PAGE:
The Green Book: A Physician’s Guide to Social Security Disability Consultative Examinations

The disability examiner evaluating your Social Security disability claim has informed you that you need a consultative medical examination. You know that you need to agree to the examination in order for your application to proceed, but what will the doctor be looking for?

The Green Book Guides the Consultative Exam Process

The Social Security Administration’s Consultative Examination Guide, also known as the Green Book, provides doctors with important information about:

  • Social Security disability programs
  • How a consultative exam may be requested
  • What to look for in reviewing consultative exams
  • The essential elements of the consultative exam report for specialties that often require a consultative exam

Since you have already applied for Social Security disability, and a consultative exam has already been requested, we will focus this library article on the last two important elements described above.

What Doctors Should Look for in Consultative Exams

The healthcare professional performing the consultative exam only has the authority to complete the type of exam or testing requested by the government. In some cases, this may be limited to a specific test such as an EKG, an MRI or an X-ray. In other cases it may be more comprehensive. If the physician completing the testing or exam believes that additional testing is necessary, he must get prior approval from the government before doing the additional testing.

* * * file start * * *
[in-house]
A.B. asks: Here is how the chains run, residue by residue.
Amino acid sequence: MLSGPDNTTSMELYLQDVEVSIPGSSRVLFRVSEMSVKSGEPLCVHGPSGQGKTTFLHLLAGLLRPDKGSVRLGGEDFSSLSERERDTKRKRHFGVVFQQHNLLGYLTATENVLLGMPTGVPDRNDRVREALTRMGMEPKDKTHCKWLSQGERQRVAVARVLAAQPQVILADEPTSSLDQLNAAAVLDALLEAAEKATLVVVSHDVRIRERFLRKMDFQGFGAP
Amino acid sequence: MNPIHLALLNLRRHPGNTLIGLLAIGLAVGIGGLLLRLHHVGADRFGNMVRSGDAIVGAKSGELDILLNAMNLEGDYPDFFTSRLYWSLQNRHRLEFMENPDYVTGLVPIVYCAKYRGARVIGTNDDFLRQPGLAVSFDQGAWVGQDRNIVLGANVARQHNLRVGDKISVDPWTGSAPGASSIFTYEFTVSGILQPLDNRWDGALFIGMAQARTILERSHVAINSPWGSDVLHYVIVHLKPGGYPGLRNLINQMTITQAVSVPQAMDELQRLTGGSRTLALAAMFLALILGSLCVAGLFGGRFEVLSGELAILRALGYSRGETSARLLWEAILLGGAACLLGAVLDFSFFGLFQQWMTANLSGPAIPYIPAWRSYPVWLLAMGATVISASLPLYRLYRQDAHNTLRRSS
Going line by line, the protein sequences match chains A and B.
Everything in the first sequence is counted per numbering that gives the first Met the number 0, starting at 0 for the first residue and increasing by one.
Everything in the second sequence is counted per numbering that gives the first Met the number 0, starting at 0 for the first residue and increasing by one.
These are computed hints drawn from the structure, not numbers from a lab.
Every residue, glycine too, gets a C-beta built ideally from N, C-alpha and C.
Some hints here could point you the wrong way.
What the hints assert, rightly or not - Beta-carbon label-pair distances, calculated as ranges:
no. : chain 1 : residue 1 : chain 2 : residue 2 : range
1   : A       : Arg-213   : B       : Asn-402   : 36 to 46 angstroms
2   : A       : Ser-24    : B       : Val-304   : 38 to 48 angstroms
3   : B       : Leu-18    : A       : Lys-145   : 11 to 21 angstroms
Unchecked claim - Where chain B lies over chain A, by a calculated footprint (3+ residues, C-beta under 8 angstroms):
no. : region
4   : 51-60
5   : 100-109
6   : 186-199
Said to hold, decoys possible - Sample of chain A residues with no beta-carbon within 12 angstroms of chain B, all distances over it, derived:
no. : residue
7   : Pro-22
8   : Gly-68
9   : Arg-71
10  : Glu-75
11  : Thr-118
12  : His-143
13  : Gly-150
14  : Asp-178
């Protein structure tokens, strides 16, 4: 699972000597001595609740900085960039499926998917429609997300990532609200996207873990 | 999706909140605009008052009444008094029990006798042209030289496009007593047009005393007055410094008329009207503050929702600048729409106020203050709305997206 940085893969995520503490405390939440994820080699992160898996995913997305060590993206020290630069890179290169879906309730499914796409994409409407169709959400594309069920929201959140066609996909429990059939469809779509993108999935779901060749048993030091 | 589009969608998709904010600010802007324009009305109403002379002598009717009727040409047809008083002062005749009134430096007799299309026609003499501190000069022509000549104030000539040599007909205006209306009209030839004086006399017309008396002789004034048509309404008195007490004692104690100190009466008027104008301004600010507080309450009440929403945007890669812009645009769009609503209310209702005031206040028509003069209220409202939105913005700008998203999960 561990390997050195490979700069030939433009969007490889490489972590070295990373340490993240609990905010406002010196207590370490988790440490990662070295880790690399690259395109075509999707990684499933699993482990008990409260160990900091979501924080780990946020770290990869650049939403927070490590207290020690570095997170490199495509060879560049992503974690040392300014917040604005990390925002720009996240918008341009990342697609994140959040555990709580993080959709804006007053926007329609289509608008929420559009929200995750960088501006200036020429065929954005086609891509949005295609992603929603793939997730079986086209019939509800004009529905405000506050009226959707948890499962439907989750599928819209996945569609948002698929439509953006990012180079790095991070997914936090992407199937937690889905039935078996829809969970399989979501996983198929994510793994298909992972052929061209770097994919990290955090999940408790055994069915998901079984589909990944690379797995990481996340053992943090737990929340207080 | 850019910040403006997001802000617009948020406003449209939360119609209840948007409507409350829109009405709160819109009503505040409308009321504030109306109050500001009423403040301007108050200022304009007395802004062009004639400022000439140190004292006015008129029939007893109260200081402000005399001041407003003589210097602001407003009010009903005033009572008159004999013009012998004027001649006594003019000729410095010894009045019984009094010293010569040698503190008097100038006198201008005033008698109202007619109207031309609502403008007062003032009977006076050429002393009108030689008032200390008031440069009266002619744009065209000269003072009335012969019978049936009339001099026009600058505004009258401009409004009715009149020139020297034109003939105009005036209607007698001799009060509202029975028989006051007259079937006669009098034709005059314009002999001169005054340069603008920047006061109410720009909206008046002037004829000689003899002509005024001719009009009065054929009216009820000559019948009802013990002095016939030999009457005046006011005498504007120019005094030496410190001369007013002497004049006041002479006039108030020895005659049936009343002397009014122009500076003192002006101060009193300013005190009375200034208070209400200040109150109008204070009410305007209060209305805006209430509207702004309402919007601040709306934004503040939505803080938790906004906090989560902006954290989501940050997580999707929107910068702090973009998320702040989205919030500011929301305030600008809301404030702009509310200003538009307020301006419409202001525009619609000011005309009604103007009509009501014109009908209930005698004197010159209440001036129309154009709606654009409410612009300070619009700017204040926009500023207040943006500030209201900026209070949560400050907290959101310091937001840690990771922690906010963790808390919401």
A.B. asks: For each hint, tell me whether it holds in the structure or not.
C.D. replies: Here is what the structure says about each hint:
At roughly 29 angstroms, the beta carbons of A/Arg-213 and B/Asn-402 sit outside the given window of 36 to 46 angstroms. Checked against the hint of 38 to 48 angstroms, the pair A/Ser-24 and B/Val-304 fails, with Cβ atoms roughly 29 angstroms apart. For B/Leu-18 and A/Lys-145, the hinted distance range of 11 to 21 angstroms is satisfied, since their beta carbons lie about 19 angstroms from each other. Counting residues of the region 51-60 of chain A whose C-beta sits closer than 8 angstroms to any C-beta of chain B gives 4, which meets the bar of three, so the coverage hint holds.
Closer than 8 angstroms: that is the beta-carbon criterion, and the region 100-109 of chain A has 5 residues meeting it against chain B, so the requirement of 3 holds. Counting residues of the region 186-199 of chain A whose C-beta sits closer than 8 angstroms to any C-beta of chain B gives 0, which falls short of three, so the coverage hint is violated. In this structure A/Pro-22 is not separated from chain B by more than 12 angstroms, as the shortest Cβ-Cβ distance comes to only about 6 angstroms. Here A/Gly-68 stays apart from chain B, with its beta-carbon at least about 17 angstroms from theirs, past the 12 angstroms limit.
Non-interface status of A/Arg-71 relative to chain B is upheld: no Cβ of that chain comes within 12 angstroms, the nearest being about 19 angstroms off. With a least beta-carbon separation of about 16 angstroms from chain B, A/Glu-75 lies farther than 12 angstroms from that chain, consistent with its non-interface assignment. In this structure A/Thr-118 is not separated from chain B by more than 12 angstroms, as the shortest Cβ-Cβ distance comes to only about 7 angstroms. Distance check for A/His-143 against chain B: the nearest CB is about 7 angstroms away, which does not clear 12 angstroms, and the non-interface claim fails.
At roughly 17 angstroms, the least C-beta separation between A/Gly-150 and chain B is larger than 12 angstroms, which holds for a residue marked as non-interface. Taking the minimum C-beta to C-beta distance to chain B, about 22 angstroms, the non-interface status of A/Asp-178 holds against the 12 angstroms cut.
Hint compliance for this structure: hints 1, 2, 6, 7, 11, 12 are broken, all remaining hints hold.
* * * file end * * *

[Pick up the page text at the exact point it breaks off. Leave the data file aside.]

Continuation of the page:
The Essential Elements of the Consultative Exam Report

After the required testing is complete, a report should be filed that includes:

  • The claimant’s identity
  • The claimant’s medical history
  • The claimant’s current medications
  • A review of symptoms, including other symptoms the claimant might have and any negative findings that were ruled out when making a diagnosis
  • The claimant’s family history
  • The claimant’s social history, including the use of tobacco, alcohol, and drugs
  • The results of a physical examination, including appearance, behavior, lab test results, and imaging test results
  • A medical source statement, including an assessment of the claimant’s abilities and limitations
  • Specific content based on the actual impairment that may or may not result in a finding of disability as described in the Green Book.

As the Social Security disability applicant, it is not up to you to preform your own exam or to write your own report. That is the job of the healthcare professional and it is, therefore, the healthcare professional who should follow the terms of the Green Book. However, since you are the one who may benefit from Social Security benefits, it is important to be aware of the Green Book and how it may impact your application.

Carl M. Weisbrod
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Managing Partner of Morgan & Weisbrod, Board Certified in Social Security Disability Law